There are few areas in football where speed is more crucial than the 7-on-7 circuit. Coaches have just seconds to assess what happened on the previous down, make adjustments and substitutions and call the next play. Time is of the essence.
Enter Hudl Sideline. Sideline transfers video from a recording device to the field literally moments after being recorded and has already proven its mettle during the season. But how would it hold up when tested against the breakneck speed of a 7-on-7 event?
Hudl set out to find that answer at the NebHSSports.com 7-on-7 Tournament. The Sideline technology was set up and made readily available to all teams in attendance. Those who used it felt they gained a distinct edge.
“My assistants were blown away,” Terry Beair, the head coach at Wayne HS, said. "The immediate feedback you get and the view you bring to the table onto the sideline is incredible."
The speed of Sideline both surprised and delighted the coaches. With just 25 seconds between plays, every moment is precious. But Sideline put video in the coaches’ hands almost immediately, allowing for adjustments and corrections to be made in the midst of a series.
“Within two seconds you had the information,” Beair said. "I think that’s more than fast enough to get what you need out of it, especially when you have a 25-second clock. We had a pretty quick tempo there with a no-huddle, but we were still able to get feedback and adjust our next call. It was really nice to have that."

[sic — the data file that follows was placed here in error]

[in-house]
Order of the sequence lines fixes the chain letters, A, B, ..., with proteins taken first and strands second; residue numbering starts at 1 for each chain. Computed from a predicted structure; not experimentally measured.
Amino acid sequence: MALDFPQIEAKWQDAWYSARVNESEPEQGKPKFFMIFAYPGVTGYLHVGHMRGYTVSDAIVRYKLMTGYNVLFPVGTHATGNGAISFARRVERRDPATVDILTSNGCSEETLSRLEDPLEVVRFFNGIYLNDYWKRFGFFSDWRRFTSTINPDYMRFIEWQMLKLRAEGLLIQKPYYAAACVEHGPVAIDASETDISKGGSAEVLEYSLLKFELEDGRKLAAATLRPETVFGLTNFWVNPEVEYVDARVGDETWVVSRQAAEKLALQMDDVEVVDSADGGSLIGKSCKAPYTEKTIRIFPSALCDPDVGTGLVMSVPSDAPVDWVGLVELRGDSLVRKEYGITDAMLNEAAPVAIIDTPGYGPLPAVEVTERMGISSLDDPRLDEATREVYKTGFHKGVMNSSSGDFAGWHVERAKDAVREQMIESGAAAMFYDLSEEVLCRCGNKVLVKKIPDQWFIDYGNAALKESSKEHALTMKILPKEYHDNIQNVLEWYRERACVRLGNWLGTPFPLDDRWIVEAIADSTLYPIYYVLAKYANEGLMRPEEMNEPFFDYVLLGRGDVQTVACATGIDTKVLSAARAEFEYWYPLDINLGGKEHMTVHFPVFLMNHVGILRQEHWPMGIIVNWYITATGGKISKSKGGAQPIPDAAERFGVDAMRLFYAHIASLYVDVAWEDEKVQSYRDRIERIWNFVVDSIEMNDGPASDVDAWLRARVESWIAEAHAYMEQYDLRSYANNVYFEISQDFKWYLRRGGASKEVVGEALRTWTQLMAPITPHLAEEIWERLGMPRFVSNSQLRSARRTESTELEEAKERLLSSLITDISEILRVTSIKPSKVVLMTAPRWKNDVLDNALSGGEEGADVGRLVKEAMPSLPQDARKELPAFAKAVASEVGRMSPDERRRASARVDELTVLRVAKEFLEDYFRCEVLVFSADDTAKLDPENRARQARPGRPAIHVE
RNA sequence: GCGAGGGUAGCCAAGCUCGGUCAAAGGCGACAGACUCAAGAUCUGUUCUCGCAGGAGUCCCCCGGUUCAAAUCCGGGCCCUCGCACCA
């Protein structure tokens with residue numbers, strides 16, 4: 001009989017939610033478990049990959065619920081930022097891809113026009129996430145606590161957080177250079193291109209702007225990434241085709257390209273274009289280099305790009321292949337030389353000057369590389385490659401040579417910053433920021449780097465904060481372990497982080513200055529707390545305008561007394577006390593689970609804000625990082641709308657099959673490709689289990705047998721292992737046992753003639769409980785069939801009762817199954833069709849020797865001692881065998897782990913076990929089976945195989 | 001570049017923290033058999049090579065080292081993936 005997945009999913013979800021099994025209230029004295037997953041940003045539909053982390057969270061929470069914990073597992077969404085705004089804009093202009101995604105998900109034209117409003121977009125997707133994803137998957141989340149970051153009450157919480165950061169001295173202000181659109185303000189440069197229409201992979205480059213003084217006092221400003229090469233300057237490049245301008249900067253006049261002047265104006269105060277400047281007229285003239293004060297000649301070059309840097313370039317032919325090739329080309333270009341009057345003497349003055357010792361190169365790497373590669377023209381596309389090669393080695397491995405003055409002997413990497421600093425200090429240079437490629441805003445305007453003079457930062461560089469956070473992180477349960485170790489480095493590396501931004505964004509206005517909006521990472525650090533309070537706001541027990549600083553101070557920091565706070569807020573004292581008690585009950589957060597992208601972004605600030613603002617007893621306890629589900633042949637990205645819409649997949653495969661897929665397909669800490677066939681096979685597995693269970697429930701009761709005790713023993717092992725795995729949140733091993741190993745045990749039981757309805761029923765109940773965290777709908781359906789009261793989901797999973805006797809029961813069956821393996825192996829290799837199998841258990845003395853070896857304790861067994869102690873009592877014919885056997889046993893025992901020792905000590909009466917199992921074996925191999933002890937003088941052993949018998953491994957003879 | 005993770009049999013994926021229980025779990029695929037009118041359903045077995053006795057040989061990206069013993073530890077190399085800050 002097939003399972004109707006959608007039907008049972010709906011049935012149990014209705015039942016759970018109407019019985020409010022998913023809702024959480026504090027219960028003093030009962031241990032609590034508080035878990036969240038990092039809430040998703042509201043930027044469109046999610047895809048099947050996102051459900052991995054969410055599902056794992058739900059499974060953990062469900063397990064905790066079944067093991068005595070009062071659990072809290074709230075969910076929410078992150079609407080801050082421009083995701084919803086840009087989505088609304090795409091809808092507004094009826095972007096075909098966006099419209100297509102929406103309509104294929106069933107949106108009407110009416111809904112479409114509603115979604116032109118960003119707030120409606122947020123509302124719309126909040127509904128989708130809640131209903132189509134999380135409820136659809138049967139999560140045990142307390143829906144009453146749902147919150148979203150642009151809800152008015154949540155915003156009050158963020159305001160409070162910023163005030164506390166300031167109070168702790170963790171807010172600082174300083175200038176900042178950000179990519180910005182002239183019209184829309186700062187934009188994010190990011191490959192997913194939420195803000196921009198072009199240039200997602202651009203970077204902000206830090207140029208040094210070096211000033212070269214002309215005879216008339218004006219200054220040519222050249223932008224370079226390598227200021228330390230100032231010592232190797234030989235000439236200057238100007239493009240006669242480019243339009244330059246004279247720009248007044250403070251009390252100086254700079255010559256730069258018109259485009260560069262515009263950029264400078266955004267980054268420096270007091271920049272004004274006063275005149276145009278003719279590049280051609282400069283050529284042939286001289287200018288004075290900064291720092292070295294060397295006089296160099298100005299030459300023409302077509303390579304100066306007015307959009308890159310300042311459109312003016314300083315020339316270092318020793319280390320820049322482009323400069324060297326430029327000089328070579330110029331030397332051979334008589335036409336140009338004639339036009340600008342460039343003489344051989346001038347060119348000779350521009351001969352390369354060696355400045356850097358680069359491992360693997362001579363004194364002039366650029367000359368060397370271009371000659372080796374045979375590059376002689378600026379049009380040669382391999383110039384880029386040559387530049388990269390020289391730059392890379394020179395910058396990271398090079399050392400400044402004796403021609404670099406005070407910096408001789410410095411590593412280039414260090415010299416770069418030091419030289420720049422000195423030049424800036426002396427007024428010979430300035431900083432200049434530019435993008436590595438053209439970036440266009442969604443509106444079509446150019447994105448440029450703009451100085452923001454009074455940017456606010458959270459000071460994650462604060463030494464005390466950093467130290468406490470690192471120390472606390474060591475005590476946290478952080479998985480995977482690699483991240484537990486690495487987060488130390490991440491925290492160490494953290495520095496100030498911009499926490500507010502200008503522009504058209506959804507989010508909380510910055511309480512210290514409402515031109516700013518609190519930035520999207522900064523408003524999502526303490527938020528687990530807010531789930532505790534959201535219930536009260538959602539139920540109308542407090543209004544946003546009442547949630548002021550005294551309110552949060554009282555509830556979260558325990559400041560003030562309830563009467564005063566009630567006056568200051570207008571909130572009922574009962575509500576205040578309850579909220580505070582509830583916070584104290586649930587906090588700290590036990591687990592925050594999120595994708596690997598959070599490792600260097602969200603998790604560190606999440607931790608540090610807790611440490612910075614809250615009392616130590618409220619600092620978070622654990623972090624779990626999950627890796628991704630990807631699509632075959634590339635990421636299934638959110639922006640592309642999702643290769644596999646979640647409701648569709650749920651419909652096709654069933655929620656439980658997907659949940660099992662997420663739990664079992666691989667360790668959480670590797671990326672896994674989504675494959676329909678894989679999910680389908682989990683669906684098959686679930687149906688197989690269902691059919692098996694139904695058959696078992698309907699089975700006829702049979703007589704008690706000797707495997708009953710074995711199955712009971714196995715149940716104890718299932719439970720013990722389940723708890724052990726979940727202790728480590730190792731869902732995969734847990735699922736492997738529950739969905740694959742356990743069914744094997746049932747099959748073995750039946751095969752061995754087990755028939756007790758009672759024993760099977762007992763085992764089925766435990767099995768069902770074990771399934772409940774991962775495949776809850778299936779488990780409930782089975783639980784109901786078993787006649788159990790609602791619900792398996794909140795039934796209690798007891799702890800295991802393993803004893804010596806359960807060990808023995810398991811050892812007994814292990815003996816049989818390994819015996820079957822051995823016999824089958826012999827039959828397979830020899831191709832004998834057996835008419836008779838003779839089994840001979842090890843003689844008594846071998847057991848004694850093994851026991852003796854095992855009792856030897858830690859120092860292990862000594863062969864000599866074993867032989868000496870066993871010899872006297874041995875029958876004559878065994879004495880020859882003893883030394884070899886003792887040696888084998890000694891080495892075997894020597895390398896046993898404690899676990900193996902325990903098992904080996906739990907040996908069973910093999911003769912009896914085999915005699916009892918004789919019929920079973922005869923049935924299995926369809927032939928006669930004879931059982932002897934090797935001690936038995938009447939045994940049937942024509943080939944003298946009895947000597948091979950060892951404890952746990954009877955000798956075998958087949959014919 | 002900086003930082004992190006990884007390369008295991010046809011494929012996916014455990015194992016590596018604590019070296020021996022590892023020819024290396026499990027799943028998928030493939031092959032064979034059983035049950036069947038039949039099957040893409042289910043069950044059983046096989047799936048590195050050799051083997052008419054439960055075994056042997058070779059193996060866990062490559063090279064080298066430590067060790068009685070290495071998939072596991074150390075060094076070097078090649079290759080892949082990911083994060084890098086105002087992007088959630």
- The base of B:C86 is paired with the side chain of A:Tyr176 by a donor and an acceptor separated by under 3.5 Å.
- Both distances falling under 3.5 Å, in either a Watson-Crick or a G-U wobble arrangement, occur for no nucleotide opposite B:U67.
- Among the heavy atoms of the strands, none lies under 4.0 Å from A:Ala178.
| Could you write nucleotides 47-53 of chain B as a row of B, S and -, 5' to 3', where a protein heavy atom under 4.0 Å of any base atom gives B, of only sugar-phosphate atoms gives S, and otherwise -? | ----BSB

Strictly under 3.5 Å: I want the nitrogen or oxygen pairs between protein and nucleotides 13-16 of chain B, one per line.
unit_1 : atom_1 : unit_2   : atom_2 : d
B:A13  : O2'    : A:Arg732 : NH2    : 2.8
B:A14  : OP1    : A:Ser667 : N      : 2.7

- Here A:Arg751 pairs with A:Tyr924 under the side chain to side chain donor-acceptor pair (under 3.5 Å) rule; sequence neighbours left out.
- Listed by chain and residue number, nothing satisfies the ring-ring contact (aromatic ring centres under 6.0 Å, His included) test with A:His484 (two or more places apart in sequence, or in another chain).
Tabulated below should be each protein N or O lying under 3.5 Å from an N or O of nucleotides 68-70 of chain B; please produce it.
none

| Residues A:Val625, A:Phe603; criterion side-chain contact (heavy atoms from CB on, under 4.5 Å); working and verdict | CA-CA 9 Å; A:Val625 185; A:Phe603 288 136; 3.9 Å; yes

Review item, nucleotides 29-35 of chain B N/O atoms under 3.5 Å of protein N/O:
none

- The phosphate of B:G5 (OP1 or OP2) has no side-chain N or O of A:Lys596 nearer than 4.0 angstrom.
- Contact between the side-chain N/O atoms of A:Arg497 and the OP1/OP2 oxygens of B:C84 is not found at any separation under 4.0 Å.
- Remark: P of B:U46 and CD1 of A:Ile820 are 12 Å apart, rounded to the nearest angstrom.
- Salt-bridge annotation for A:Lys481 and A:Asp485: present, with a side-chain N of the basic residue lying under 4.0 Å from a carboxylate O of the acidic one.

"I got to see what mistakes were made in real time,” Stephen Gentry, the linebackers coach for Bellevue East, added. "I just really like it. It allows for immediate coaching so we can fix in-game. It just gives you an edge on your opponent."
While the coaches made some scheme changes on the fly, the main benefit was the ability to correct on-field errors. North Platte’s Phil Willey found that his players often needed to actually see their missteps to accurately correct them.
“When they’re already out there, they don’t believe (they make mistakes) sometimes. The ability for them to see it is going to be pretty awesome."
For example, Lincoln Northeast’s tight end was consistently struggling with a corner route - he wasn’t getting to the right landmark before making his cut. Landon Miller, Northeast’s offensive coordinator, was able to pull him aside and show him exactly what he was missing between series.
"It kind of corrected that in-game as opposed to doing it post-game,” Miller said. "Our quarterback likes to look at it. The kids think it’s neat. It’s new and it’s technology and the kids really respond to that."
Beair also stressed the importance of giving his players a different angle from what they typically see. Sideline employs an end-zone view that really helped Wayne’s safeties and linebackers better identify the routes their opponents were running.
The coaches agreed that Sideline helped improve their team’s performance during the tournament. The speed at which corrections were made increased greatly, and these coaches are looking forward to taking advantage of that benefit during their upcoming seasons.
“I think it’ll be one of the most powerful things we’ll have in our arsenal next year,” Willie said. “I think it’ll be a big impact, especially if one school has it and one school doesn’t. Being able to make adjustments, even for coaches, will be big."